The unloved CEO is leaving, the shares yield 6% despite a dividend cut, but no one's buying yet.
After two dividend cuts and a 70% slide in share price, long-suffering Centrica (LSE:CNA) investors probably won't want to hear departing boss Iain Conn's verdict on his reign since 2015.
While Conn said he was "very proud" of what his Centrica team had achieved in restructuring the company in the past five years, the painful truth for investors is that shares are now close to where they were when it was created out of the British Gas demerger in 1997.
The lack of bargain hunting this morning, following a 15% slide in share price, suggests there are not too many investors brave enough to venture into the wreckage of today's interim results and strategy announcement. That's despite Centrica finally getting the bad news out the way with the inevitable rebasing of its dividend after two years of intense speculation.
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The proposed cut in the full-year pay-out to 5p a share from 12p earlier this year was more than many City analysts had expected, although Conn points out that the cash reduction is actually 50% when taking into account plans to cancel the scrip dividend alternative.
Not that £5 billion-valued Centrica will be a FTSE 100 stock much longer if the current trends continue. The company's half-year results revealed a steep 63% decline in earnings per share to 2.4p, which missed consensus by about 20%.
This was blamed on everything from the UK's default tariff price cap to low UK natural gas prices, outages at Hunterston B and Dungeness B nuclear power stations, and warmer than normal weather in both the UK and North America.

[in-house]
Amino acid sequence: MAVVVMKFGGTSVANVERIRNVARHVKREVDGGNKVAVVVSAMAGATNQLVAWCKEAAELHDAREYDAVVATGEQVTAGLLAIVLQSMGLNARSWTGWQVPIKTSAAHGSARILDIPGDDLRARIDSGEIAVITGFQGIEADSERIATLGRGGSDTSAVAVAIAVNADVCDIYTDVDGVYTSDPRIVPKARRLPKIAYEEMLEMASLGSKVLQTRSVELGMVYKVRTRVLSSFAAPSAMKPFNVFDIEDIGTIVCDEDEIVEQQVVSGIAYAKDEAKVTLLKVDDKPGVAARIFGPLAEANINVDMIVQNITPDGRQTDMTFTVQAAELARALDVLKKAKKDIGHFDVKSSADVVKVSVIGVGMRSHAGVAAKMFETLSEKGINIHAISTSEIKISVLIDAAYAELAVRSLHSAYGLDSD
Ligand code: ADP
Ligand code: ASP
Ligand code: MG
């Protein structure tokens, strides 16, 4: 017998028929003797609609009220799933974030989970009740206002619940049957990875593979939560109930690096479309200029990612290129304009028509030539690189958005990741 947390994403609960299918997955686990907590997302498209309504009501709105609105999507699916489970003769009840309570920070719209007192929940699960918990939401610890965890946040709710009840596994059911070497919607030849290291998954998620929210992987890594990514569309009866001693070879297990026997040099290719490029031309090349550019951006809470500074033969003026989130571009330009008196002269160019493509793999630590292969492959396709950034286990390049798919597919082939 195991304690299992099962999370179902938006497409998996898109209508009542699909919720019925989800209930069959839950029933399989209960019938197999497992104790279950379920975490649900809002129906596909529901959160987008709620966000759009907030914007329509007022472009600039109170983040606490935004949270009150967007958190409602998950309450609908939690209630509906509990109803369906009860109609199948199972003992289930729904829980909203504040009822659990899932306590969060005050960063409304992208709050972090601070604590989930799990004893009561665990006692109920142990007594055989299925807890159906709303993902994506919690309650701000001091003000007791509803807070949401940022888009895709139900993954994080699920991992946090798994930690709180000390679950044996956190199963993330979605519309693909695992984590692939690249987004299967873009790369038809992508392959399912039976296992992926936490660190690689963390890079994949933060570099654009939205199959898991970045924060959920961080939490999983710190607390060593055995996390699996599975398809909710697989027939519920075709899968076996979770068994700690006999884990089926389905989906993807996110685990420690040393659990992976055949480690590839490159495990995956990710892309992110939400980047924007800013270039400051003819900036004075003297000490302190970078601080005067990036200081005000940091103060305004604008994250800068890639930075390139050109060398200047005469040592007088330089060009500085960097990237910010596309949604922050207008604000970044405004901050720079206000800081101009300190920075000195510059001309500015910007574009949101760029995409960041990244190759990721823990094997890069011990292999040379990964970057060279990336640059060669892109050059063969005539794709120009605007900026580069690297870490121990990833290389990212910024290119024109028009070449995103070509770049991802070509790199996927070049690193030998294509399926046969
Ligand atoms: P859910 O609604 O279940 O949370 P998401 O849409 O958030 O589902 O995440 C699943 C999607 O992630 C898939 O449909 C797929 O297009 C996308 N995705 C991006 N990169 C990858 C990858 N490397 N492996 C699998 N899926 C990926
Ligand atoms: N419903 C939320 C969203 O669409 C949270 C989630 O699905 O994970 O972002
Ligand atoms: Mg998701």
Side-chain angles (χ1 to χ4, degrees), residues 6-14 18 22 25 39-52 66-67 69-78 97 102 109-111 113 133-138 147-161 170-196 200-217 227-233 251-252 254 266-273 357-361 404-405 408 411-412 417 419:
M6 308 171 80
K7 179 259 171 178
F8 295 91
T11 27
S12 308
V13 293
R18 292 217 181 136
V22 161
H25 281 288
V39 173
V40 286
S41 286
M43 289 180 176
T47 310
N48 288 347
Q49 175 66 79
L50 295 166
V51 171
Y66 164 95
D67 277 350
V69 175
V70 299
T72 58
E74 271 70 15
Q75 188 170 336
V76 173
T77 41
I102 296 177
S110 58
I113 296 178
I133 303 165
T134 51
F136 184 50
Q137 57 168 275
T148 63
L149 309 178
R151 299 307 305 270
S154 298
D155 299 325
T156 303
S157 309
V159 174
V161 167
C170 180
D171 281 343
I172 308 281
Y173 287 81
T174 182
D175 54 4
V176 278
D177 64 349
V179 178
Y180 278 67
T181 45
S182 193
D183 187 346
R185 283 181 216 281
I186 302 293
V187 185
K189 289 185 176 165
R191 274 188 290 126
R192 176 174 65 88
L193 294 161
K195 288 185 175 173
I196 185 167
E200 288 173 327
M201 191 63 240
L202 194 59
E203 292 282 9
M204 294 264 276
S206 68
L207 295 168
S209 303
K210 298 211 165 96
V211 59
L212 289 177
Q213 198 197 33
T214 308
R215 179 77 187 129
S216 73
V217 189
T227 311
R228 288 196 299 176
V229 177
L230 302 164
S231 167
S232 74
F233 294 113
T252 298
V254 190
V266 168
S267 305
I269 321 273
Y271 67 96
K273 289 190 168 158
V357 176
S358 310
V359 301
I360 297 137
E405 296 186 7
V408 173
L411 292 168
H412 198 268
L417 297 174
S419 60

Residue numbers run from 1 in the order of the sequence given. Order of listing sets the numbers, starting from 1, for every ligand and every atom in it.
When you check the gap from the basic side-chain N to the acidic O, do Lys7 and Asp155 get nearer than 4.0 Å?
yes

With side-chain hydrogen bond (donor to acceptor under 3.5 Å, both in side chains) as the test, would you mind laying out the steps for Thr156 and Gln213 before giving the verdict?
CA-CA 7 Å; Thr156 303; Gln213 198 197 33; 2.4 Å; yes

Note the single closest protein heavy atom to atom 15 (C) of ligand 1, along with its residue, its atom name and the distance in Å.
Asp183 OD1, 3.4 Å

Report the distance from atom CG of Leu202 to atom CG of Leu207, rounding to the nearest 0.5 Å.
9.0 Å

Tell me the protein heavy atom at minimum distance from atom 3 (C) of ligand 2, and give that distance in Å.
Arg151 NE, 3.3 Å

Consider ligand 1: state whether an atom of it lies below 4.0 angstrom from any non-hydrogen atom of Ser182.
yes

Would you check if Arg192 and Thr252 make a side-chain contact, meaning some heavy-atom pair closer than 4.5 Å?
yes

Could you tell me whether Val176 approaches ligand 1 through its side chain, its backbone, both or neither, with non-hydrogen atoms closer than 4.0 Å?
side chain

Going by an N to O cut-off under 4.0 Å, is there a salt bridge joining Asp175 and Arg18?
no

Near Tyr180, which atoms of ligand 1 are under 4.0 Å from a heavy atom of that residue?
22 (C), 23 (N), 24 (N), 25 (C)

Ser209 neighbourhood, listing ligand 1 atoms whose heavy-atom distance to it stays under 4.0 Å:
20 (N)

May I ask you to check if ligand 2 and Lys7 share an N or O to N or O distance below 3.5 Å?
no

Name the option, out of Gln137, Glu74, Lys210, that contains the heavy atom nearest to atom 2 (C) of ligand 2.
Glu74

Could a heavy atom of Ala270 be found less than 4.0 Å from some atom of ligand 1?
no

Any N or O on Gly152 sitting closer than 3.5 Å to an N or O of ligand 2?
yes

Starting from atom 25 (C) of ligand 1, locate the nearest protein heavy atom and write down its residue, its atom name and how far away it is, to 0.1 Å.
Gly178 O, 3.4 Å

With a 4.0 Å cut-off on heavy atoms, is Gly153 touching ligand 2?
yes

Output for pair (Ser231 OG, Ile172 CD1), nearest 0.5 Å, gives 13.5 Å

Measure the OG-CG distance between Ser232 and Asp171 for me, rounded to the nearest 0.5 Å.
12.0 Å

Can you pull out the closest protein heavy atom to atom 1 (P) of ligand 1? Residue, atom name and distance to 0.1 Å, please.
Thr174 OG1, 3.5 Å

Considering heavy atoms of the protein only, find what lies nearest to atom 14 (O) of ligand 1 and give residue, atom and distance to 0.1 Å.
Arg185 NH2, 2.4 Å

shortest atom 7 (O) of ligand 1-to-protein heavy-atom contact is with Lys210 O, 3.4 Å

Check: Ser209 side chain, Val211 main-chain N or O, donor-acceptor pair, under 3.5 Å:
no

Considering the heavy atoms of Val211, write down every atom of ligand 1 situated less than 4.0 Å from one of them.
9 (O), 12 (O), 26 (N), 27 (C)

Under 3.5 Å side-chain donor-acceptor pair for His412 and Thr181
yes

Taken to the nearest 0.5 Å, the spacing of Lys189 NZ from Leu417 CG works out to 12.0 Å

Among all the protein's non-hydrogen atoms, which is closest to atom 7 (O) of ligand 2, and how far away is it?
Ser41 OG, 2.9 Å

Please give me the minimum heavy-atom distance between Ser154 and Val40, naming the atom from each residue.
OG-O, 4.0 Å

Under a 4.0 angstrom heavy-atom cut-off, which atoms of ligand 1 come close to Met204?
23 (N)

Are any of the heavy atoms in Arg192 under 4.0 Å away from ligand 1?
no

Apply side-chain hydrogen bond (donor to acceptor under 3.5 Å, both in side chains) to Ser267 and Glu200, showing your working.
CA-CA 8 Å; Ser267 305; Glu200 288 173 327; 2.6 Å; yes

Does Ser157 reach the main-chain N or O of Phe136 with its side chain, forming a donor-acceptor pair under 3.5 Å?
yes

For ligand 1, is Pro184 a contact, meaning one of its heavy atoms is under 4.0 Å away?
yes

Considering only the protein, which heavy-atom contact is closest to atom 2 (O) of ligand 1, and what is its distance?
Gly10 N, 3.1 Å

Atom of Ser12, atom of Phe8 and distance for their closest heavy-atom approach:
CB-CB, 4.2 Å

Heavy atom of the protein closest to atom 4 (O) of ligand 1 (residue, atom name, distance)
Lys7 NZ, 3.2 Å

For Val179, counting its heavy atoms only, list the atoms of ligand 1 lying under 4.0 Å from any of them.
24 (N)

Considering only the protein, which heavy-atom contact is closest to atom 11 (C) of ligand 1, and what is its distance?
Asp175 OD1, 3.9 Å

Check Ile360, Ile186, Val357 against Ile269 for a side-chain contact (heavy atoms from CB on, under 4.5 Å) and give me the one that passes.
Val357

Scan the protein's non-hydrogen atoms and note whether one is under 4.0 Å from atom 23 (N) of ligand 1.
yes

The hope is that this will be as bad as it gets for Centrica. Certainly, there's some cause for optimism after today's outlook statement said second-half earnings were expected to be much better.
This reflects growing cost efficiencies and the return to service of the two power stations, as well as a strong forward order book for its North America Business.
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"These factors will also benefit 2020, along with growth momentum we are seeing in a number of our customer-facing businesses."
The company is also progressing plans to sell its 69% stake in oil and gas exploration venture Spirit Energy, as well as minority holdings in a number of UK nuclear plants, in order to raise an estimated £2 billion towards cutting debt.
This repositioning will give Centrica a much better focus on its UK consumer businesses, although that's no guarantee of a smoother ride given recent volatility in the industry. British Gas energy supply customer accounts fell by 178,000 in the half-year, driven by high levels of customer churn in March and April after a rise in the level of the default tariff cap.
The aim now is for Centrica to build a progressive dividend policy based on cover of between 1.5 and 2 times earnings in the medium-term, which analysts said could imply an earnings per share of up 10p by 2020/21. Today's interim dividend was reduced 58% to 1.5p.
Even with today's cut, the stock offers a tempting 6% dividend yield for new investors. The stock had yielded 14% ahead of today's results and after recent heavy share price falls.
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"With a cash dividend confirmed, investors now have some motivation to wait around and see what happens next. Yet still we would not get too excited: once again the update highlights the unpredictability of Centrica's business mix."
UBS has a 'neutral' stance on the stock and a price target of 110p.
Centrica is thought to have more than 600,000 retail investors. Shareholders who bought British Gas shares as part of its privatisation in 1986, and have made no sales or purchases since then, now have stakes in Centrica, National Grid (LSE:NG.) and Royal Dutch Shell (LSE:RDSB).
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